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Guelph-Humber Early Childhood Studies students raise awareness for Indigenous children

Paper hearts cover a wall at University of Guelph-Humber

For Early Childhood Studies (ECS) students Ellie Valentini and Ranya Naim Have a Heart Day is an opportunity to remind the Guelph-Humber community that children in First Nations communities need access to better living conditions.

Students and employees in the ECS program organized a presence in the atrium on February 14th to engage the community and raise awareness about First Nations children and the adversity they face.

Have a Heart Day is an annual event that is organized by the First Nations Child & Family Caring Society of Canada. The day is based on the ethos of reconciliation and the role individuals should play in demanding institutional change from government.

“Indigenous children are undergoing inequality- they are not receiving proper care, food or water and so we are trying to spread awareness regarding that,” Valentini explained.

Student writes message on paper heart

“It’s important to make sure that people are aware because I feel like it was talked about so long ago, people still aren’t aware that it continues to go on. We need to let people know because it is an ongoing issue that needs to be discussed,” Naim said.

Included in the atrium display were a few reminders about the challenges facing First Nations children including:

  • First Nations children are more than twice as likely to live in poverty
  • An increased chance of poor overall health faces First Nations Children
  • Indigenous communities in Ontario do not have access to clean water
  • Indigenous children living on reserves receive approximately 30 per cent less education funding than children living under provincial jurisdiction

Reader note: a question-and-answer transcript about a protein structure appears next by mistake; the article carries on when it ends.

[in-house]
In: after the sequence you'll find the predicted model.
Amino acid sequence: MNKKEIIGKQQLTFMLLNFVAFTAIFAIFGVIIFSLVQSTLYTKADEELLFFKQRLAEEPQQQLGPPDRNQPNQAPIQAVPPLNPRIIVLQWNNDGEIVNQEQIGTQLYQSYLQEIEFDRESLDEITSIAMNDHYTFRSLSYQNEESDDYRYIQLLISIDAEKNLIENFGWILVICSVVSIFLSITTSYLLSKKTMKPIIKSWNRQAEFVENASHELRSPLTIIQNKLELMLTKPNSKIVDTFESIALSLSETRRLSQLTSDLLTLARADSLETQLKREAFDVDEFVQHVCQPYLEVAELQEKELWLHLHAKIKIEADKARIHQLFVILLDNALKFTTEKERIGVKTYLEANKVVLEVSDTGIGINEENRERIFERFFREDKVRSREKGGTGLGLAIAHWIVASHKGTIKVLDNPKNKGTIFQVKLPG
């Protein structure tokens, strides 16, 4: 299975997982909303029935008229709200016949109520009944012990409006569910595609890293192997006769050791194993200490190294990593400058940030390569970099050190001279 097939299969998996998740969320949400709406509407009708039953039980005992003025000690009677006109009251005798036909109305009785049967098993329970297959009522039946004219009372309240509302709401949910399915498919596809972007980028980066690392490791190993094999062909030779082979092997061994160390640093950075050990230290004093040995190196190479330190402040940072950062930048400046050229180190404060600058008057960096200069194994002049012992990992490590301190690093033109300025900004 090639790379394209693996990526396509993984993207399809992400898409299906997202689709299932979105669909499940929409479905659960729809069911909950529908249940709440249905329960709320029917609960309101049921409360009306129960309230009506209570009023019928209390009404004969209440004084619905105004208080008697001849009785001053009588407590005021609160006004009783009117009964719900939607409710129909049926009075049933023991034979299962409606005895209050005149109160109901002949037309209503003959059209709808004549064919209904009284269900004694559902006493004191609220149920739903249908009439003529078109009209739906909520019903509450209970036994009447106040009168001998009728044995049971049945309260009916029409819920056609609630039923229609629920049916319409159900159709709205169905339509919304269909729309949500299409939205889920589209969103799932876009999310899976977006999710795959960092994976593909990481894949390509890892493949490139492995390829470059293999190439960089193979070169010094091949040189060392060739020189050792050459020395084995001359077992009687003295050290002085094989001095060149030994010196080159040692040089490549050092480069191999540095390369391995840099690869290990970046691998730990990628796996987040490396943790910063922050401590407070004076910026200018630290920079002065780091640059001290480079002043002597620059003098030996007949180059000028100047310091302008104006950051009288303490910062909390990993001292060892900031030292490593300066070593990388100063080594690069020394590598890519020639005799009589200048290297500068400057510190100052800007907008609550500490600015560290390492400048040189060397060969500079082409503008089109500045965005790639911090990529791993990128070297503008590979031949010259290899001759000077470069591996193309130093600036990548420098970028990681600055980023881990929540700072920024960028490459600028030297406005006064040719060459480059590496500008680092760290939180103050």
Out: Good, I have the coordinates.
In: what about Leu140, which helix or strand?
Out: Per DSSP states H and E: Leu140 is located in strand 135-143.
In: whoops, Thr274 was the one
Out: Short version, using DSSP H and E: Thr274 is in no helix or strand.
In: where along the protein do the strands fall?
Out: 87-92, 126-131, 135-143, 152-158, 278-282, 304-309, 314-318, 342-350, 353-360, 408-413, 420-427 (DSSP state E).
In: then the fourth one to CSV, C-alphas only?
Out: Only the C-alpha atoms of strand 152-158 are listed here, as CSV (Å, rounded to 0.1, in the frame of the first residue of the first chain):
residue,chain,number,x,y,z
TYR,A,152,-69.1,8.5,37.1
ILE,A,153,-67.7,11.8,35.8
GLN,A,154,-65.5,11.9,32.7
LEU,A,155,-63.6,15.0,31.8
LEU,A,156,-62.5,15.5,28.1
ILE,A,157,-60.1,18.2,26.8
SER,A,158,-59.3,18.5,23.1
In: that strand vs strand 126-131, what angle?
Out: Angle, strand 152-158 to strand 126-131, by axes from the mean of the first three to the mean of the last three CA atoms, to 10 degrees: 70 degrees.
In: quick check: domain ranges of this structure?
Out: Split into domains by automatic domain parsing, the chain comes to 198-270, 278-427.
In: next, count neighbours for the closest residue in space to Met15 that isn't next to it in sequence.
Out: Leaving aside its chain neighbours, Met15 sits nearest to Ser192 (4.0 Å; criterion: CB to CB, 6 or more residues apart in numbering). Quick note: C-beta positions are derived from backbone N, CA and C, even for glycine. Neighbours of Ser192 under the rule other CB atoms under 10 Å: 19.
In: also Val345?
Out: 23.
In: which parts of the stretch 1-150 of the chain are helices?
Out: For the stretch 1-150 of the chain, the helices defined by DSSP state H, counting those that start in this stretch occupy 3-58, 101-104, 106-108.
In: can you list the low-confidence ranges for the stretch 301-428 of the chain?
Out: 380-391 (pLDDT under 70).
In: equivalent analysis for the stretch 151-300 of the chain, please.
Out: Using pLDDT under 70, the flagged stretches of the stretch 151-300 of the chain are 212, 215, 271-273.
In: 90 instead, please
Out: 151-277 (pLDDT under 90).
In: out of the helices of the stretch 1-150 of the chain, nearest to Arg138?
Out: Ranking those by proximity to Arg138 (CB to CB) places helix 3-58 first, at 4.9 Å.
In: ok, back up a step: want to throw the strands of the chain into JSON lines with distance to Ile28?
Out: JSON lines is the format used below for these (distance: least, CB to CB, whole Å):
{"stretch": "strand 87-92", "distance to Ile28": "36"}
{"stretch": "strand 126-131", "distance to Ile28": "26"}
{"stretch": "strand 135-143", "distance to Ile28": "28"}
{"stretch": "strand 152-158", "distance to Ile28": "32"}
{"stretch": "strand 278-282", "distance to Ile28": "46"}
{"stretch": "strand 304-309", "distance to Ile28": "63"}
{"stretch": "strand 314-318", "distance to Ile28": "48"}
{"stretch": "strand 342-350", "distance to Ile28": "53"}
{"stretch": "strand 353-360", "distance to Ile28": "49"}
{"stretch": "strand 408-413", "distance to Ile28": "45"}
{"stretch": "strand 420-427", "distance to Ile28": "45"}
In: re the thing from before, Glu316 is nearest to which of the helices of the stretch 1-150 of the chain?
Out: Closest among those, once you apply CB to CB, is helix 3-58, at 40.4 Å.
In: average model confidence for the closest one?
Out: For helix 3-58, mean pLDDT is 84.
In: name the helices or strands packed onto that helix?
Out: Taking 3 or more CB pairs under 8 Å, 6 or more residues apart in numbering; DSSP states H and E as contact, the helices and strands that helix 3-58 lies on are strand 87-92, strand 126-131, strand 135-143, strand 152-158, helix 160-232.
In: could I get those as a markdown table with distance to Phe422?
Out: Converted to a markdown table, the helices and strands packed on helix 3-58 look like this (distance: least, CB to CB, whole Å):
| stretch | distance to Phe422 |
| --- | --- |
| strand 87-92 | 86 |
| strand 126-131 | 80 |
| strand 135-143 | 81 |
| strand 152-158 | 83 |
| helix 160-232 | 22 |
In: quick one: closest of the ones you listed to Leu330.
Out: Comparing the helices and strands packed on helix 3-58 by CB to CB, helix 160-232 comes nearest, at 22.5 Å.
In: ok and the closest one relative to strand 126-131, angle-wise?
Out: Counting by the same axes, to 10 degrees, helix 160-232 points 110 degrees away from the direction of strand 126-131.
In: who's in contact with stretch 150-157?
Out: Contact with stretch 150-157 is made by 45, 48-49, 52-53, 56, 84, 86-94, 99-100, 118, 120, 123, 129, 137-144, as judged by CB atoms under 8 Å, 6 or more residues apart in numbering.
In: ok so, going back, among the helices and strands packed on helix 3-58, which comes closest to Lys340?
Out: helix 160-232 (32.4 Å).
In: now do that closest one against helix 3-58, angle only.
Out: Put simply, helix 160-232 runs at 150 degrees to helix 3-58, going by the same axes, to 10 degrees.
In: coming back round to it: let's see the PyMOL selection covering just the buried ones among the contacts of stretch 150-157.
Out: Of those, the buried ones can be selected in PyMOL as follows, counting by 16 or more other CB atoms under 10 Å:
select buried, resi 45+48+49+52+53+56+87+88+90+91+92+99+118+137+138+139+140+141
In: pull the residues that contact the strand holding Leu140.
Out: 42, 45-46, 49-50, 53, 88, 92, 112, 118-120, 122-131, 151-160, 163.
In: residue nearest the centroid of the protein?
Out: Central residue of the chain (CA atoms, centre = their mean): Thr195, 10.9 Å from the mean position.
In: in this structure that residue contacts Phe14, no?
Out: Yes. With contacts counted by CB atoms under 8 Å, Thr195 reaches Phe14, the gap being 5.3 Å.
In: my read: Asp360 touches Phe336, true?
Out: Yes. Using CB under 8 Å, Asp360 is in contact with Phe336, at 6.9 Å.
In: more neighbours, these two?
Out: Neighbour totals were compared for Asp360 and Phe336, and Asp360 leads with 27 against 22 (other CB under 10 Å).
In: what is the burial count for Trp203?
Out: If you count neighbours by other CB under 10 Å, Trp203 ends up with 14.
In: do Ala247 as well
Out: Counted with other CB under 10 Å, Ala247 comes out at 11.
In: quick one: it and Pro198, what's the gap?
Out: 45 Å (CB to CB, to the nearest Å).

(Have a Heart Day, First Nations Caring Society, as cited in, n.d. RCAP, 1996)

Hearts also filled an atrium wall with messages of kindness and love from the Guelph-Humber community.

Pulling a stack of special hearts from underneath her table, Naim noted that the batch she has kept separate were written by the children ECS students work with as part of their program and will be going directly to Canadian Prime Minister Justin Trudeau.

Students stand in front of wall covered in paper hearts

Nikki Martyn, Program Head for the ECS program, emphasized the need to remind everyone the conditions First Nations children are living in are unacceptable and she said we must define where Indigenous Children’s rights fit in the world we want to create.

“One of the important things that is often unspoken or unseen in our world in Canada but certainly in Ontario- in Northern Ontario is we have children living on reserves who don’t have water. That is astounding,” Dr. Martyn said. “We have children living in Ontario in third world conditions. That’s not ok.”

Paper heart with message reading: Spread lots of love to Indigenous Children. They are valuable to their cultures and the world.Paper heart with message reading: Have a heart to be kind.Paper heart with message reading: you will rock that thing you are worried about